My Top 5 Children’s Books

Kids’ Story World has asked me to list my top five children’s books. It was hard to pick only 5, but I’m happy to share.

Richard Scarry, Cars and Trucks and Things That Go. My sister and I read this book when we were little and visited our grandmother. We have read it to the various children we have babysitted over the years. And now our children are enjoying it as well. It’s a book that never gets old, especially if you don’t remember where Goldbug is hiding on each page.

Helme Heine, Friends. You can pretty much pick any picture book by Helme Heine and know that you hold a little treasure in your hands.

Mo Willems, The Thank You Book. I didn’t discover Mo Willems until a few years ago. His Piggie and Gerald books are great for little kids and new readers. The Thank You Book is delightfully “interactive,” though they are all wonderful. I dread the day my youngest will outgrow Mo Willems.

Sven Nordqvist, Findus at Christmas. This is part of a series of stories about an old man and his crazy little cat. It is adorable, and the illustrations are wonderful. I just dug it up out of the bin with the Christmas stuff to read with the kids this weekend, and I can’t wait.

Astrid Lindgren, Ronja the Robber’s Daughter. No list of favorite children’s books would be complete without something by Astrid Lindgren on it. I can’t count how often I read this book, and I can’t tell you how often I pretended to be Ronja when I was out playing.

What’s your favorite children’s book?

 

Advertisements

24 comments

  1. I also love Richard Scarry – Lowly Worm always makes me laugh. And there’s always something new to look at in his pictures.
    I loved the Pippi Longstocking books, but I’ve never read Ronia… sounds like I’m missing out. And the Findus at Christmas looks sweet.

    I don’t think I could ever choose a favourite… even five would be hard! A couple off the tiop of my head: The Story of Ferdinand, Slinky Malinki and Hairy Maclary by Lynley Dodd, Roald Dahl, and there are so many new good ones that come out each year that I, too, wish my children could stay little and read them with me forever. A cute book I brought home recently from the library (which my children all loved, even though they at first laughed at me) was “Carson Crosses Canada” by Linda Bailey.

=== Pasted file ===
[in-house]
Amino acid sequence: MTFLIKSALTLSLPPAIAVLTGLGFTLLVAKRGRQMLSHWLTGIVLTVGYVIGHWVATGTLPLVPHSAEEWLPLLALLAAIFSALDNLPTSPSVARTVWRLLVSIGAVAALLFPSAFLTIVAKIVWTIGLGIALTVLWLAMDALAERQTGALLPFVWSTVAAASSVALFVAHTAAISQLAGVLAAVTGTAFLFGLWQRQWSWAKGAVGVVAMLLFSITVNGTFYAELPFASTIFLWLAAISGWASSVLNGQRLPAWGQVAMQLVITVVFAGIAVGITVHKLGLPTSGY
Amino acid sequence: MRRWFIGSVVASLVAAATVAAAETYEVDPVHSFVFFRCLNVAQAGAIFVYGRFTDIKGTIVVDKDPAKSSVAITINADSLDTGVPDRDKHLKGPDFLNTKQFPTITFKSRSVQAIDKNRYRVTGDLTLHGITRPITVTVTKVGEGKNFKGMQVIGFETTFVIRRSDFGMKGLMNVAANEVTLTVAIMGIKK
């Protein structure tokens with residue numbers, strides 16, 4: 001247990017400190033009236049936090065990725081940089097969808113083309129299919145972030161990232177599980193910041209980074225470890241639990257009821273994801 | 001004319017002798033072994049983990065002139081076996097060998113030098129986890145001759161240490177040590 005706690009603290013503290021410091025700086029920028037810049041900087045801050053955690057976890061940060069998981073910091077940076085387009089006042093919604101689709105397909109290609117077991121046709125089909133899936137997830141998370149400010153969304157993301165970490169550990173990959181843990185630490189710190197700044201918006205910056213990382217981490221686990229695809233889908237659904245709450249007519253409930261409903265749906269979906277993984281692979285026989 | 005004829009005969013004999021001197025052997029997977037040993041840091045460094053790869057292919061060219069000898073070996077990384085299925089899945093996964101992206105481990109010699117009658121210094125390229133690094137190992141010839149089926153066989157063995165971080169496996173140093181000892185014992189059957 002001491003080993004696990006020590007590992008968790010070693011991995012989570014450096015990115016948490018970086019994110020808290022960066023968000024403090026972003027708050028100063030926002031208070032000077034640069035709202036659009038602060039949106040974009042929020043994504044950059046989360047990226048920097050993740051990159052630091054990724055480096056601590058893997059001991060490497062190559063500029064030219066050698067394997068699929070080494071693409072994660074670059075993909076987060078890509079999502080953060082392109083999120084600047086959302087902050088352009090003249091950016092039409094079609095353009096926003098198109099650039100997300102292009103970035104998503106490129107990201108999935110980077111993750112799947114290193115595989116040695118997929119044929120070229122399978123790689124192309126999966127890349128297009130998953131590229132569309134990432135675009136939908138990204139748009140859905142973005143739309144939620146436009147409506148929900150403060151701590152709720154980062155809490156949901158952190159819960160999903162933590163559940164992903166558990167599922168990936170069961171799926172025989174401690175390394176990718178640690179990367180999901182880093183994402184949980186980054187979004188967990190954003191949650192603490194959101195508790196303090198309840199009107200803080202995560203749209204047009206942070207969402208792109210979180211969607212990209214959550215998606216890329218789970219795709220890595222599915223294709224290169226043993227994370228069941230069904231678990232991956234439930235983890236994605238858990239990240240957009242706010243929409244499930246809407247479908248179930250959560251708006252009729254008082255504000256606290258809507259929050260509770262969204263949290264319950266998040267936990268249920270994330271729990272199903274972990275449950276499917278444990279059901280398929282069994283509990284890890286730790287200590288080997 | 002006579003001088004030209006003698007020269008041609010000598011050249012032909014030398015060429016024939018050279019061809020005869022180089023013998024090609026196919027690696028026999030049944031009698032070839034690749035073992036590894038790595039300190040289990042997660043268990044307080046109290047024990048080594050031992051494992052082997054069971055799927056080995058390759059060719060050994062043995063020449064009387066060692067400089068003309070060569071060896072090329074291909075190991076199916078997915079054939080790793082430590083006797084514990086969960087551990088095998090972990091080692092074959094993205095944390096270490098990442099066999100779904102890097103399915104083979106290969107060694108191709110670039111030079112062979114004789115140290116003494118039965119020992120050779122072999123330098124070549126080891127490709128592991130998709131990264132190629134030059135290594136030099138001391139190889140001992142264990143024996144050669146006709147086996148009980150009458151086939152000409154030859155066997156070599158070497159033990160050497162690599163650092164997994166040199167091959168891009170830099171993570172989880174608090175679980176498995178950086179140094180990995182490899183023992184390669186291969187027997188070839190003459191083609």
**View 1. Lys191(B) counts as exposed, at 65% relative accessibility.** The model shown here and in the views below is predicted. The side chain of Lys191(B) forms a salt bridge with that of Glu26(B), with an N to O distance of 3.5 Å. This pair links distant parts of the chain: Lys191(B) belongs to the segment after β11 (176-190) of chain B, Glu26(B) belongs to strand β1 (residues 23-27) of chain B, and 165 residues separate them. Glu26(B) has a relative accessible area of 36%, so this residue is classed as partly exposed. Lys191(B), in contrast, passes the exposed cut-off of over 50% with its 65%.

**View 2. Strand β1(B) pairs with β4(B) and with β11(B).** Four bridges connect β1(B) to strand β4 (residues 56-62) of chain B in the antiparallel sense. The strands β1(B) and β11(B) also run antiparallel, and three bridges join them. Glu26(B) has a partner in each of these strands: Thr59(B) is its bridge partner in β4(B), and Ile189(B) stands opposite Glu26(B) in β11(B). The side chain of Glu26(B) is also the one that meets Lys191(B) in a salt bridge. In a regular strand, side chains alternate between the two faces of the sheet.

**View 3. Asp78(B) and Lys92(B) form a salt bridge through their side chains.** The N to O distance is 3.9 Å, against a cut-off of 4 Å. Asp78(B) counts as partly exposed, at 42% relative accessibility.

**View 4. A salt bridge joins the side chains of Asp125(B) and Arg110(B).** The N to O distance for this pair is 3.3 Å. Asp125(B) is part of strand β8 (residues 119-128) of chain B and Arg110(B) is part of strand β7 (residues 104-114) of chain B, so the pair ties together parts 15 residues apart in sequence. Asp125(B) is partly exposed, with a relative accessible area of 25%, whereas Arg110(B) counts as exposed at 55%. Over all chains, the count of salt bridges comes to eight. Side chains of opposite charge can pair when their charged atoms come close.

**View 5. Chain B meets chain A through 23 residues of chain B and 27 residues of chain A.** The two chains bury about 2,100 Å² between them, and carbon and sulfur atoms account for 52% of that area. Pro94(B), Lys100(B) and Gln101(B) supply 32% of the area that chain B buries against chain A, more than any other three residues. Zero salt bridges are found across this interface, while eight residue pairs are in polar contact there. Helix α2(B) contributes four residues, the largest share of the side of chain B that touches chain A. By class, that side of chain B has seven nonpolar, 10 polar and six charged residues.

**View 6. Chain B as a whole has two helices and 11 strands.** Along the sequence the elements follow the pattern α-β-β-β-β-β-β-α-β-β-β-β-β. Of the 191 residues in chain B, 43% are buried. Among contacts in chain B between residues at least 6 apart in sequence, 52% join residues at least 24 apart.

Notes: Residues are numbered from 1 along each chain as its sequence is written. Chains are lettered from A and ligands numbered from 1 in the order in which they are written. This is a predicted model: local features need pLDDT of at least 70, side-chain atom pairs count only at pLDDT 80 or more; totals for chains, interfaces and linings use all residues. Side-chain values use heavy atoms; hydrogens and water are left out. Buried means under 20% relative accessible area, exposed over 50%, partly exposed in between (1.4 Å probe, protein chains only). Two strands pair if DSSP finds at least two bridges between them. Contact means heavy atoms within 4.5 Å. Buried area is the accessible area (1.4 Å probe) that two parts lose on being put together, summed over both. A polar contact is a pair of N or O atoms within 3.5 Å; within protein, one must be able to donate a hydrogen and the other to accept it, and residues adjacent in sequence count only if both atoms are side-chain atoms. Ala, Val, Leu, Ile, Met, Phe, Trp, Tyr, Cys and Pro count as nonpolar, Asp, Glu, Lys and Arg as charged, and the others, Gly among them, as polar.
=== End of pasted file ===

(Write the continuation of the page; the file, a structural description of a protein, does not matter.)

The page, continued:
• Roald Dahl is definitely a favorite, but I couldn’t pick a favorite out of his books I’ve read. I’ve always thought that Astrid Lindgren was a bit ahead of her time, since so many of her characters are independent girls. If you find yourself with some spare time (hahaha), read Ronja. It’s a book that works well for adults, too, I think. I will totally check out Carson Crosses Canada! You can’t beat that alliteration.

  2. Our granddaughter is still a bit too young for any of these. However, we have a well-used copy of a Richard Scarry book in German, which we’ll hang on to until she’s older.
    I think my favourites when I was a very small child were the old Ladybird series of books.

  3. “I dread the day my youngest will outgrow Mo Willems.”

    You’ll just have to have another child every couple of years till your oldest is old enough to start giving you grandchildren… πŸ˜‰

    • I didn’t have any Dr. Seuss books when I grew up in Germany, and actually I don’t think I’ve ever seen one in a German bookstore. I’ll have to ask my sister if she has come across them. The Lorax and Horton Hears a Who are my favorites.

  4. Thanks so much for the list! Oh my goodness! Brought back memories from my childhood- I had 2 Richard Scarry books and the Friends book (this one in German). Thanks for bringing back fab memories!! πŸ’–

Leave a Reply

Fill in your details below or click an icon to log in:

WordPress.com Logo

You are commenting using your WordPress.com account. Log Out / Change )

Twitter picture

You are commenting using your Twitter account. Log Out / Change )

Facebook photo

You are commenting using your Facebook account. Log Out / Change )

Google+ photo

You are commenting using your Google+ account. Log Out / Change )

Connecting to %s